There are more than 58,000 Sri Lankan Tamil refugees residing at 108 camps in Tamil Nadu, as per government records.

A pic of Sri Lankan refugee camp in TN
news COVID-19 vaccination Wednesday, June 23, 2021 - 18:56

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Mary*, a 50-year-old Sri Lankan Tamil refugee staying at the Villupuram camp for the last 30 years is worried for herself and others at the camp. Out of the 1,400 refugees in the camp, only 90 persons have been vaccinated, she says. Only ten have managed to get their second dose from the nearby Primary Health Centre (PHC). Mary says, “We worry for our lives. The stigma of the pandemic and hesitancy in getting the vaccination is causing more restlessness among residents here.” Although vaccines were available, she says that many camp residents are hesitant to get the COVID-19 shot, especially following Tamil actor Vivek’s death in April.

Unlike several other states, which are prioritising vaccinating Indian citizens before opening up vaccination to refugees, the Tamil Nadu government began immunising Sri Lankan Tamil refugees at camps across the state in early April this year. As per government records, there are more than 58,000 refugees residing at 108 camps in Tamil Nadu and till date the Commissionerate of Rehabilitation and Welfare of Non Resident Tamils has vaccinated over 3000 refugees either through vaccination drives or by allowing them to get the shot from nearby PHCs.

Lankan refugees across several camps that TNM spoke to say they fear taking the COVID-19 shot, falsely believing they may develop other diseases or may die from the vaccine. Devenderan*, a Ramanathapuram camp refugee says,“Only a handful of Lankan residents are willing to get vaccinated, understanding the importance of it.” He alleges that not a single refugee at the Ramanathapuram camp has received the vaccination, with no information provided to them.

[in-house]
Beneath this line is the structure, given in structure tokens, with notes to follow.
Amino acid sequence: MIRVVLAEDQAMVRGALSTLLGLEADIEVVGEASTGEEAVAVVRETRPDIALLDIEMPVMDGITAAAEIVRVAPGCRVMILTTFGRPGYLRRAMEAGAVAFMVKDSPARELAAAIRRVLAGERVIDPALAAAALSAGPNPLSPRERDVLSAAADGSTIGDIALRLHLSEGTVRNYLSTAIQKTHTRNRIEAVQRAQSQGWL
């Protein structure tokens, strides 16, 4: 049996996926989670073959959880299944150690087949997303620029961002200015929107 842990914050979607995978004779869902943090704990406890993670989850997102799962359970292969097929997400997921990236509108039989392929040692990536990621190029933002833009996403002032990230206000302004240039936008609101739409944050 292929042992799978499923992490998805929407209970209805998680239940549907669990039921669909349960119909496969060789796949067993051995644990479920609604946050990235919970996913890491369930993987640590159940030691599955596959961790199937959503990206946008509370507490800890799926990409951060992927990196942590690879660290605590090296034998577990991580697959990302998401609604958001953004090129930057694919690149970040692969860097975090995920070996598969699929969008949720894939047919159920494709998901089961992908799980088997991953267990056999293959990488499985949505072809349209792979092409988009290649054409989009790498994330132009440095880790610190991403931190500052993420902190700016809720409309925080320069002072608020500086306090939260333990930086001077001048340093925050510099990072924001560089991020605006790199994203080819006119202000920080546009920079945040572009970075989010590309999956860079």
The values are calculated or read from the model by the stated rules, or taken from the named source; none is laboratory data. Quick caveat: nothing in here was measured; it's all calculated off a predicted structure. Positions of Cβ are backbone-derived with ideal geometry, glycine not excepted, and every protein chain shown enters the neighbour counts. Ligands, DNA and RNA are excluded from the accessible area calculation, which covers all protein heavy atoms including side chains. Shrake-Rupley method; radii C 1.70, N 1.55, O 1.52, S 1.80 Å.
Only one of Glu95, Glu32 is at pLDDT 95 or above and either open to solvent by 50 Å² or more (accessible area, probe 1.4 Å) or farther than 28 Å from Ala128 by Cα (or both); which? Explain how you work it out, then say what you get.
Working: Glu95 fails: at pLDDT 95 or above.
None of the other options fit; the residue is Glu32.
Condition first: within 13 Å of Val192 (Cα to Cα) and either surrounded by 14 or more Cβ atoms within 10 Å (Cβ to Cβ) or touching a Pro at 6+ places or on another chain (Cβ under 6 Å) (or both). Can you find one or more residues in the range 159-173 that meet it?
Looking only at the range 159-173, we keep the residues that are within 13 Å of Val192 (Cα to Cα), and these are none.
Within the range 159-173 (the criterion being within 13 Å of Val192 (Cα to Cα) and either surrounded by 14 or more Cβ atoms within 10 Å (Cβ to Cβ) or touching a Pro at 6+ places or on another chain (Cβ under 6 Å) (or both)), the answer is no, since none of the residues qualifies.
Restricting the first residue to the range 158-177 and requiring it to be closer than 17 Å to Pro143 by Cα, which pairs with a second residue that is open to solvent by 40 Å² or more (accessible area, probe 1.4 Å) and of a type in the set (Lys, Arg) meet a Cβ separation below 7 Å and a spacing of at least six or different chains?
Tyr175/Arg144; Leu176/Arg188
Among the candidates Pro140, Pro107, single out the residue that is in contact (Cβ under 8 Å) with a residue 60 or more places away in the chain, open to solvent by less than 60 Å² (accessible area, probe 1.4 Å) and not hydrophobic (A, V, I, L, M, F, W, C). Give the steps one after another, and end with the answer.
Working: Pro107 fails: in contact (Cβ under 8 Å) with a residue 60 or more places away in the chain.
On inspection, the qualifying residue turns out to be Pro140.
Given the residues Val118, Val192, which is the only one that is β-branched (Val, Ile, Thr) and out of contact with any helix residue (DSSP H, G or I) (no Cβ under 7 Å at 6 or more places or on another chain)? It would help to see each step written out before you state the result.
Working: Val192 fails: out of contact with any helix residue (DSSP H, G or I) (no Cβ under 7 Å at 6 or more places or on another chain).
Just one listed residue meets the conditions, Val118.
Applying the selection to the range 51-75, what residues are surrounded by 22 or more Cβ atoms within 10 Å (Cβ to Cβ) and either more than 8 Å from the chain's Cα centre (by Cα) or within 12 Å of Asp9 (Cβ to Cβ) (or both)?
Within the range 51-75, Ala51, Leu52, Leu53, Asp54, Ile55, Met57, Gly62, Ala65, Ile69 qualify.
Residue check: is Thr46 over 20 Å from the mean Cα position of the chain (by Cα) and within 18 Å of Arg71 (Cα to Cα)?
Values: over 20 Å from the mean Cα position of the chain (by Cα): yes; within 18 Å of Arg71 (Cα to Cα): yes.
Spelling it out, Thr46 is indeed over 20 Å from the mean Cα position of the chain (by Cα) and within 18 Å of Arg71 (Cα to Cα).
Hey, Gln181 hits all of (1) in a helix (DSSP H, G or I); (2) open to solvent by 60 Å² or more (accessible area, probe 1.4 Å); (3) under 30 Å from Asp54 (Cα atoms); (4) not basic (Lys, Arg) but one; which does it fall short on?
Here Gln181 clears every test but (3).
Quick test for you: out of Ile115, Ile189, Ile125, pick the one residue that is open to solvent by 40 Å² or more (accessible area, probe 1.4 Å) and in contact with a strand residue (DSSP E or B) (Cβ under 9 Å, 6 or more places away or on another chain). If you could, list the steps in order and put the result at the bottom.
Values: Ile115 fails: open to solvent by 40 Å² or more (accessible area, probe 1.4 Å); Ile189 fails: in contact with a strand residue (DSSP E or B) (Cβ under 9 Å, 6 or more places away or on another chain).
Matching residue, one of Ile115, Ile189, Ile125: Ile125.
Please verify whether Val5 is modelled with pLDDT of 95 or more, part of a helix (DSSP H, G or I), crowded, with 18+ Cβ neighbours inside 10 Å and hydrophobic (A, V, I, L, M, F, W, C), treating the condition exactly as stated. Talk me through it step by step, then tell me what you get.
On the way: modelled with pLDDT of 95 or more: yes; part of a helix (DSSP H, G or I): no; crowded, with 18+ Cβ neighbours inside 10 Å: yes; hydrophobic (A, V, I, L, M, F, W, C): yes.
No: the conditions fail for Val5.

“Measures must be taken to vaccinate people here as the population is higher and more people are vulnerable to contract the virus,” he says. Like Mary, Devenderan says actor Vivek’s death fuelled hesitancy among camp residents. This despite the Health Department stating that the 59-year-old had died due to a cardiac arrest, and that his death was not connected to the COVID-19 vaccine.

“Officials should pay heed. The government should conduct more awareness camps and frequently hold counseling sessions to do away with stigma and misconception. Additionally, the government should take measures to vaccinate those residing at two special camps, which are under the police department control,”adds Devenderan. 

At the Vellore camp, Ravi*, a 41-year-old refugee tested positive for the novel coronavirus in August last year. Out of the 194 residents in the Vellore camp, Ravi says 21 got COVID-19 but all including him recovered soon after treatment. “The treatment protocols are followed well and instructions are given on time. I was taken to a COVID care centre for treatment and quarantine,” he narrates. Ravi, however, says that only four refugees have gotten vaccinated so far.

Speaking to TNM, G Ashok Gladston Xavier, an Associate Professor at Social Work Department, Loyola College who volunteers at Sri Lankan Tamil refugee camps in the state admits that there is vaccine hesitancy among refugees despite vaccination drives being held at camps. “Measures are also being taken to address the issue,” he says, adding, “As far as Lankan refugees are concerned, the state government has been proactive in initiating all kinds of compensations and reliefs as possible. From the government's monetary aid to dry ration, the residents in camps receive all the necessities on time.”

Officials, however, say they have initiated several awareness camps and rolled out helpline numbers to address vaccine hesitancy among Lankan refugees. Unlike several other refugee groups, officials say Lankan Tamil refugees in camps have an Aadhaar card and can register for vaccinations. “All measures are being taken to vaccinate the residents and create awareness regarding hesitancy. A helpline number – 8220340965 - is in place for residents to call and enquire about the vaccine availability and any queries regarding the same,” says an official working at one of the refugee camps in northern districts of the state.

According to the Commissionerate of Rehabilitation and Welfare of Non Resident Tamils, less than 1,500 Sri Lankan refugees have contracted the coronavirus so far, while there have been 21 deaths due to COVID-19 recorded across camps since March last year.

(*name changed on request)

This story is a part of the TNM COVID-19 reporting project. To support this project, make a payment here

 
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